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Bicycle Mechanics Broken bottom bracket? Tacoed wheel? If you're having problems with your bicycle, or just need help fixing a flat, drop in here for the latest on bicycle mechanics & bicycle maintenance.

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Old 01-05-06, 10:44 PM   #1
hester
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my rear tire keeps loosing air...

at a very slow pace, of course, but it happens. even while just sitting idle.

i bought the road bike and took it to the kitchen for a tune up. it was in decent shape and all i had to do was adjust the derailuer, set the brakes and lube it up. i also trued the front wheel, sort of as it was my first attempt ever, but i left the back wheel as is because it didn't seem too off and i had almost overstayed my welcome by truing for nearly an hour.

after about a mile and a half i noticed the back dragging and stopped at a bike shop which was luckily a block away. the back tire was completely flat by the time i got there. the guy replaced the tube and i found out there was no rim tape in either wheel. by the time i left, i obviously had spent much more than i planned...

since then, everytime i take it out i have to add air before i get going. it's not a constant flat, but there's always a definate difference in pressure between it an the front. both tires on the bike seemed to be brand knew when i got it and after the shop guy and i both checked inside for objects and found none, it still looses pressure.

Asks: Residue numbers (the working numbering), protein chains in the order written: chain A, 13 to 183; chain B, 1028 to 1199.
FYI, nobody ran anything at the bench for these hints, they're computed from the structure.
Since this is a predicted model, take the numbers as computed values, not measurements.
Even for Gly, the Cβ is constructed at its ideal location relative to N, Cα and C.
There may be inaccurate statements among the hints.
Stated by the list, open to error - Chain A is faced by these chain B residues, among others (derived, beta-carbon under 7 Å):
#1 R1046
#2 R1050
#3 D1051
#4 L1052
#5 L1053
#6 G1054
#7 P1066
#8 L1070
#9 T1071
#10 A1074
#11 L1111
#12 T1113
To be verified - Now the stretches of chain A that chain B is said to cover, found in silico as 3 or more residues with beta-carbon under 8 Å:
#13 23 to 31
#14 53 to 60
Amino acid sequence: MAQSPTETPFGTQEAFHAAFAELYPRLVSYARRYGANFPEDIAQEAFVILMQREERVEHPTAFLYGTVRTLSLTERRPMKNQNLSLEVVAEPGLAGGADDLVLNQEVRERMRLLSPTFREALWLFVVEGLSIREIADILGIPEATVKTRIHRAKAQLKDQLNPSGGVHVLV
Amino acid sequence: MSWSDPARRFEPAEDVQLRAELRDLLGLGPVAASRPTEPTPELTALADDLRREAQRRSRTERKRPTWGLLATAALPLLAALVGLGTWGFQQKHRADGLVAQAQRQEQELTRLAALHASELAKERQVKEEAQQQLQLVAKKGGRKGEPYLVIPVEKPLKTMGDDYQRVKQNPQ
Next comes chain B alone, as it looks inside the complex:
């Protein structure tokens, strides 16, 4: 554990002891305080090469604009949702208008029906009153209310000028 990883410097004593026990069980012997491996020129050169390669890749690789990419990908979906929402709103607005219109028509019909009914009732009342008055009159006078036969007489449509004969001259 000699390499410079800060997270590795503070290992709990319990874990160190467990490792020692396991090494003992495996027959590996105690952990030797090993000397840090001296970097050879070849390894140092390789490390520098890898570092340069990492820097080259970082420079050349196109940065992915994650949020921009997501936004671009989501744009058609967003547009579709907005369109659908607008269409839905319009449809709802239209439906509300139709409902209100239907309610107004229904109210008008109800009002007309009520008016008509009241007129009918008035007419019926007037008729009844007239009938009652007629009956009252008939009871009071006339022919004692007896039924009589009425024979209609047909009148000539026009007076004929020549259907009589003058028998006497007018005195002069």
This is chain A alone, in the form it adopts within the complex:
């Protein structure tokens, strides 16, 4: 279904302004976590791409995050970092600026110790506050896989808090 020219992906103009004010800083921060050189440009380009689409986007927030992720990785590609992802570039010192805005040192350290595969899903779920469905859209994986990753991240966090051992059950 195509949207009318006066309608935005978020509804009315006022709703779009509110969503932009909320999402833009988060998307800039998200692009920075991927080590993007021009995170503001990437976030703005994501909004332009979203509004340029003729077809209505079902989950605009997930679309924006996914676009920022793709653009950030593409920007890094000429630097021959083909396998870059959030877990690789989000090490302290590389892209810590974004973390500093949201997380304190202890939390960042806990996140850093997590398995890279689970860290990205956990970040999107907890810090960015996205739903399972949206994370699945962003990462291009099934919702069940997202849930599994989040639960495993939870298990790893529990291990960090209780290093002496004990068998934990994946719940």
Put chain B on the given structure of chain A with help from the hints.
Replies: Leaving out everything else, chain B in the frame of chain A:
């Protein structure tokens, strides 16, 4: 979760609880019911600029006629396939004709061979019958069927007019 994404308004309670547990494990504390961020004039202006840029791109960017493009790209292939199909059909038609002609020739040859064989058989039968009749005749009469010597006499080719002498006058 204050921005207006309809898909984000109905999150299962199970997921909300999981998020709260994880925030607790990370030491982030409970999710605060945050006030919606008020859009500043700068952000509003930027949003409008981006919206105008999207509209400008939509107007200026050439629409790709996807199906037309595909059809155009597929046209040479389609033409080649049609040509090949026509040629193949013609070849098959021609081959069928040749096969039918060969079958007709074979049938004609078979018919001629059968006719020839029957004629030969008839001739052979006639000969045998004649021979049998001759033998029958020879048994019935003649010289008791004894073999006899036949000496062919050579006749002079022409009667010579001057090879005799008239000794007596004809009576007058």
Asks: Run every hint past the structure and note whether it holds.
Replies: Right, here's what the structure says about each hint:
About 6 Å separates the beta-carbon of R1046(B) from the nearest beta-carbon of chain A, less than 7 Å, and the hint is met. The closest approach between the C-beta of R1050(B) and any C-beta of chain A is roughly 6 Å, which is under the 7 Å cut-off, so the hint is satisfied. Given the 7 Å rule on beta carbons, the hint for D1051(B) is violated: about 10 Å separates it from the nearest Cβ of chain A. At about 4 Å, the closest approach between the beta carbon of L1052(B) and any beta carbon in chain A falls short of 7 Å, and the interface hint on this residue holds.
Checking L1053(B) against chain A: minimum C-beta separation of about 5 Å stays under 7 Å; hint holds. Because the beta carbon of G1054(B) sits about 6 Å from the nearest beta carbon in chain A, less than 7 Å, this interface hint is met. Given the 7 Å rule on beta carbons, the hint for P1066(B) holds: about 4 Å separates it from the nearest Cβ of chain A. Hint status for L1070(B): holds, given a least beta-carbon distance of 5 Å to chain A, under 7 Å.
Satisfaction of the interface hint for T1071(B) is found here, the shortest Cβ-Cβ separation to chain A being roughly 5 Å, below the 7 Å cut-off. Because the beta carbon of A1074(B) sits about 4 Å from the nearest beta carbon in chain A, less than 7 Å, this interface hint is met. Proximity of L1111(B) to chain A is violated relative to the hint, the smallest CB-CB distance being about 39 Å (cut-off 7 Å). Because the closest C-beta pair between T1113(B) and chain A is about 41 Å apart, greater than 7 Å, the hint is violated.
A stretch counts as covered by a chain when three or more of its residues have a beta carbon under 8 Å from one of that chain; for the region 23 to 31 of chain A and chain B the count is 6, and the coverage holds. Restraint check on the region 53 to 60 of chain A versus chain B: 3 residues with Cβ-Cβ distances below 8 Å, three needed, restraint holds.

could it be the truing that i neglected? what on earth could it be, i ask!
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Old 01-06-06, 12:47 AM   #2
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Quote:
Originally Posted by hester
since then, everytime i take it out i have to add air before i get going. it's not a constant flat, but there's always a definate difference in pressure between it an the front. both tires on the bike seemed to be brand knew when i got it and after the shop guy and i both checked inside for objects and found none, it still looses pressure.

could it be the truing that i neglected? what on earth could it be, i ask!
Either the rim has a rough spot, the tube has a slow leak, or there is something embedded in the tire.

1) Take the tire/tube off. Inspect the rim and spoke nipples for burrs. Make sure the rim tape is smooth and nothig is poking through.

2) Inflate the tube and hold it underwater in the sink. Look for slow/small air bubbles.

3) Take a cotton ball and slowly run it over the INSIDE surface of the tire. even the smallest of thorn heads will usually snag the cotton and reveal themselves.

Gotta be one of those three things......
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Old 01-06-06, 07:32 AM   #3
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All high pressure tubes lose air. The rate can differ between tubes, so that may account for the obvious difference between your front and rear tires. You should ALWAYS top off your tires before each ride.
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Old 01-06-06, 07:43 AM   #4
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I have found that if i inflate my cheep LBS tubes to 90 psi, they will be at 80 by the end of the day, but lucky for me.. they will hold 80 for 2 weeks straight and so far, I have not seen it drop below 80 at all !